Are we succeeding as a software team?Well, if our job were feature delivery, we could look at the parade of JIRA tickets in our “complete” column. That is only part of our job, though.The purpose of a software team is to provide valued capabilities to customers, internal or external. To do that, our software has … Read moreFive Measurements You Should Make and Then Ignore (Plus One to Watch Intently)
As a software engineer, what is your job? and what is your value? On many teams, the work is “add features to this codebase.” We congratulate teams for moving JIRA tickets from “defined” to “delivered.” Meanwhile, the value to the business depends on value to the customers, or to people or software who in turn … Read moreProduct teams own capabilities, not (only) code.
We talk about “software products” and “product teams.” What does this even mean, “product?” It is not the definition I learned in school. Economics 101: the output of the economy is “goods and services.” Goods, also called “products,” are physical items that you can buy, take home, and have. Like, if you buy a rug, … Read moreWhat is this “product” you speak of?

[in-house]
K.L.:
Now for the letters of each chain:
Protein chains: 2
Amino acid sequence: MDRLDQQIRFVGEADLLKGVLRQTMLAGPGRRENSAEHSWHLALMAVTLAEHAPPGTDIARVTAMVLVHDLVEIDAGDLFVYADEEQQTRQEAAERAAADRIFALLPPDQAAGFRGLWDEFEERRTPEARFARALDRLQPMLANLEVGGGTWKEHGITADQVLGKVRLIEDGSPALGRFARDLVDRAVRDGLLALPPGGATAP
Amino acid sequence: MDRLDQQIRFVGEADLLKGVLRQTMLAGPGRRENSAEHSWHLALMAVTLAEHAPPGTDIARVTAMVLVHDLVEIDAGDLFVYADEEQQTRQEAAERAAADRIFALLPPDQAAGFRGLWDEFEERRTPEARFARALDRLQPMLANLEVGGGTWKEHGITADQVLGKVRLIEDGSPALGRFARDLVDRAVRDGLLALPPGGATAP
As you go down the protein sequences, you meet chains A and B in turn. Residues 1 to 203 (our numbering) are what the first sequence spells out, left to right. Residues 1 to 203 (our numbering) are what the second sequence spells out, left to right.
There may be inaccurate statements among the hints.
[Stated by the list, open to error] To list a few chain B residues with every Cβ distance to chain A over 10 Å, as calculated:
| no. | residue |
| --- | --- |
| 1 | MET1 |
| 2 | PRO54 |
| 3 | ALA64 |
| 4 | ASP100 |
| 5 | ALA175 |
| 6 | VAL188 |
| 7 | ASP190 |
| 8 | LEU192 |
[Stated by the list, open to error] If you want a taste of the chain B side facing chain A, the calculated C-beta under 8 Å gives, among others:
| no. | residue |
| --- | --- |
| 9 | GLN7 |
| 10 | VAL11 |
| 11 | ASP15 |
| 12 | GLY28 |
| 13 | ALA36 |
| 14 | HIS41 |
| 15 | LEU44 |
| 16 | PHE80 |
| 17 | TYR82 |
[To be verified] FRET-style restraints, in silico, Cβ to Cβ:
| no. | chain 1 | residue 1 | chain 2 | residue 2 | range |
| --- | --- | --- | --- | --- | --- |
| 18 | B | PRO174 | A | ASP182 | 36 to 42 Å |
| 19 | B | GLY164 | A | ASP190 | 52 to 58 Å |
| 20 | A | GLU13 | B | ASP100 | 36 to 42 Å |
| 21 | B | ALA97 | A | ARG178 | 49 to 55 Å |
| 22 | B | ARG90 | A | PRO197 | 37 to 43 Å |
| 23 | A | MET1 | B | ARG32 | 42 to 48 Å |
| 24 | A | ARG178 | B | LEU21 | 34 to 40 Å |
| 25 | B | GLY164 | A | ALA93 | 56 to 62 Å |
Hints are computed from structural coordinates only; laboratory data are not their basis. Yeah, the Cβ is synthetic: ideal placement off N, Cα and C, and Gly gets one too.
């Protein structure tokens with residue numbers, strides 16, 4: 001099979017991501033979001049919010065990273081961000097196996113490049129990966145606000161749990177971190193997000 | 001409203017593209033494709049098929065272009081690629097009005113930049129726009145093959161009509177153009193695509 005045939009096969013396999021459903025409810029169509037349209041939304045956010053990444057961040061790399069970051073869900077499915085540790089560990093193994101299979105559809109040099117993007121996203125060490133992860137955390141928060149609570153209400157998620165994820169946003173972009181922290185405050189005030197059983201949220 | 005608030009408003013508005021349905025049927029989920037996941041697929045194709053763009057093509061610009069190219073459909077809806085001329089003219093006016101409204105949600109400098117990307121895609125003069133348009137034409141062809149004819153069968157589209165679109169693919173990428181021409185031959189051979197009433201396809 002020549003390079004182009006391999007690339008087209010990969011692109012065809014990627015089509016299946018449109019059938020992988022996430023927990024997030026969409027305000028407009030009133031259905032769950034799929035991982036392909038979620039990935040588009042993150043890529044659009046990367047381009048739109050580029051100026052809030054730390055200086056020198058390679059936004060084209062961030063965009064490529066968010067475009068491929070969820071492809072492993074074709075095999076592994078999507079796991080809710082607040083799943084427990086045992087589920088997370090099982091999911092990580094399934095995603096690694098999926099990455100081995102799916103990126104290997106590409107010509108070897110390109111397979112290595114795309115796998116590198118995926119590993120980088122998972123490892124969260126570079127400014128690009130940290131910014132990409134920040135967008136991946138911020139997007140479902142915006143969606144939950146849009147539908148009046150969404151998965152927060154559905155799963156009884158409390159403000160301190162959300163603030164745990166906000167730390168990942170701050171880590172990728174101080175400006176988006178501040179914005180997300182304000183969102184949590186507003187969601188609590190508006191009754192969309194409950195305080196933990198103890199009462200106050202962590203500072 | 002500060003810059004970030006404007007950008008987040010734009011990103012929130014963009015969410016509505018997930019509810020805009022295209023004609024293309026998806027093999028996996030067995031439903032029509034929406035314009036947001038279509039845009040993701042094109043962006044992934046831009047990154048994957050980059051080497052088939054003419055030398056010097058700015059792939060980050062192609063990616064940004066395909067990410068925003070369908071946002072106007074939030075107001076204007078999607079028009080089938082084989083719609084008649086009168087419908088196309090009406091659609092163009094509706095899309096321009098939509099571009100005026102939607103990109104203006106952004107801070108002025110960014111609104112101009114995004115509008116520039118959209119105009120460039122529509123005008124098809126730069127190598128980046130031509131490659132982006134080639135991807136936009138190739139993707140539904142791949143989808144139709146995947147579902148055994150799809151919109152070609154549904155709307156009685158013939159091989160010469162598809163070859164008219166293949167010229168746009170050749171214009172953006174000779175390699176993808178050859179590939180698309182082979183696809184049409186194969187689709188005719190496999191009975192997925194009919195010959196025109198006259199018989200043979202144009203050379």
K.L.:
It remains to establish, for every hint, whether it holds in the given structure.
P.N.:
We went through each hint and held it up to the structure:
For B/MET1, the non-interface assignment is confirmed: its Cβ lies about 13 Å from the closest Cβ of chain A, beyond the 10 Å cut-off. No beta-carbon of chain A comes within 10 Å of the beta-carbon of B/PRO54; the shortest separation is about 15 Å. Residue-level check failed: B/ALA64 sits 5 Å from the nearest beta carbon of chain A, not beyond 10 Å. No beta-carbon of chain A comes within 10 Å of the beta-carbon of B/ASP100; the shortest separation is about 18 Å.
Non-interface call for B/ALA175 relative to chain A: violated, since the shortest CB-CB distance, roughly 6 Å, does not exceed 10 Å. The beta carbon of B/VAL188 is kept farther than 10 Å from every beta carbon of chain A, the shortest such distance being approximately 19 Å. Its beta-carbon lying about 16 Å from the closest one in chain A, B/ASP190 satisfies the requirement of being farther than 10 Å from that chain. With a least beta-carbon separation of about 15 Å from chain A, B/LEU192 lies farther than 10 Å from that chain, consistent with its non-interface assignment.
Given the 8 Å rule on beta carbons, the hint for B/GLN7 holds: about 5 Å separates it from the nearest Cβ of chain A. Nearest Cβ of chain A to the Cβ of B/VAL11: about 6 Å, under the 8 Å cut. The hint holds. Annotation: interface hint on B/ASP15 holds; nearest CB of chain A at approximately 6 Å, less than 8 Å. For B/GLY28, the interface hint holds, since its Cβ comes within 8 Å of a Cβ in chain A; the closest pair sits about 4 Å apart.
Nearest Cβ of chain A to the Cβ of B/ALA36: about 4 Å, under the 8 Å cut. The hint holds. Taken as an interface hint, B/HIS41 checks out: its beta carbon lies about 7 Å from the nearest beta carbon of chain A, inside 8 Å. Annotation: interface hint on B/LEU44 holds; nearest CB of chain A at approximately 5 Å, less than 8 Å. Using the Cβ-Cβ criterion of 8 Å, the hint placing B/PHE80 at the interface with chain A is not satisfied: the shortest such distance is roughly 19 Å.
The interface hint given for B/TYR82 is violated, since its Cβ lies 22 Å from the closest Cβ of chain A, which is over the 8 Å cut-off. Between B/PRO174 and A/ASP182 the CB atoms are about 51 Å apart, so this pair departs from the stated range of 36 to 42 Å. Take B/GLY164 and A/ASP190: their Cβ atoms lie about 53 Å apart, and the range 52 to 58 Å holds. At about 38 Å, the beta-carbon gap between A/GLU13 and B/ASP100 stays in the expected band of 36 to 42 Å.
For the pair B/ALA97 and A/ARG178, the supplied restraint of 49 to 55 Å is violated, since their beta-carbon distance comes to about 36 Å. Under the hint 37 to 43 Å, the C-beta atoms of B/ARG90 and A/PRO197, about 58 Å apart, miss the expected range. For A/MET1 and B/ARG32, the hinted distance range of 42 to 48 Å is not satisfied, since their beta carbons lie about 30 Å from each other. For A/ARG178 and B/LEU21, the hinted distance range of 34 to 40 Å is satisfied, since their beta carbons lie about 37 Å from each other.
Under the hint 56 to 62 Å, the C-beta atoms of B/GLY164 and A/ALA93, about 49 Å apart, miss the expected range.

TL;DR: Projects ask teams do what is asked of them; Products ask teams to invent their work. This requires a different way of seeing the world, and not everyone can do it yet. Software is not an up-front investment that pays off over its use. Software is an ongoing concern, an intricate piece of a … Read moreProject to Product asks more of our software, and more of us
Just now, Avdi had a miserable experience buying curtains. He went to pick up an order that he placed last night, but Lowe’s didn’t have it. The order was sent to the wrong store and it was a huge pain to figure out. Software is hard to get right. And every time we don’t, customers … Read morethe Enterprise eats Software
In software and in business, we don’t build up from specific subtasks. We build up from broader capabilities.
Here’s a lovely graphic from the folks at Intercom. It describes the difference between what companies sell and what people buy. We don’t want the tool, we want what we can do with the tool. Take it further – maybe what that skateboarder really wants is: the high fives at the end. Our accomplishments feel … Read moreTools -> capabilities -> acclaim
In Projects to Products, Mik Kersten divides flow items in software products in four: features, defects, risks, and debt. If you only count features added and bugs fixed – changes visible externally – then you neglect the other outcome of our work: the next version of the team+software. I prefer to think of “technical debt” … Read moreIncreasing potential as a specific output of flow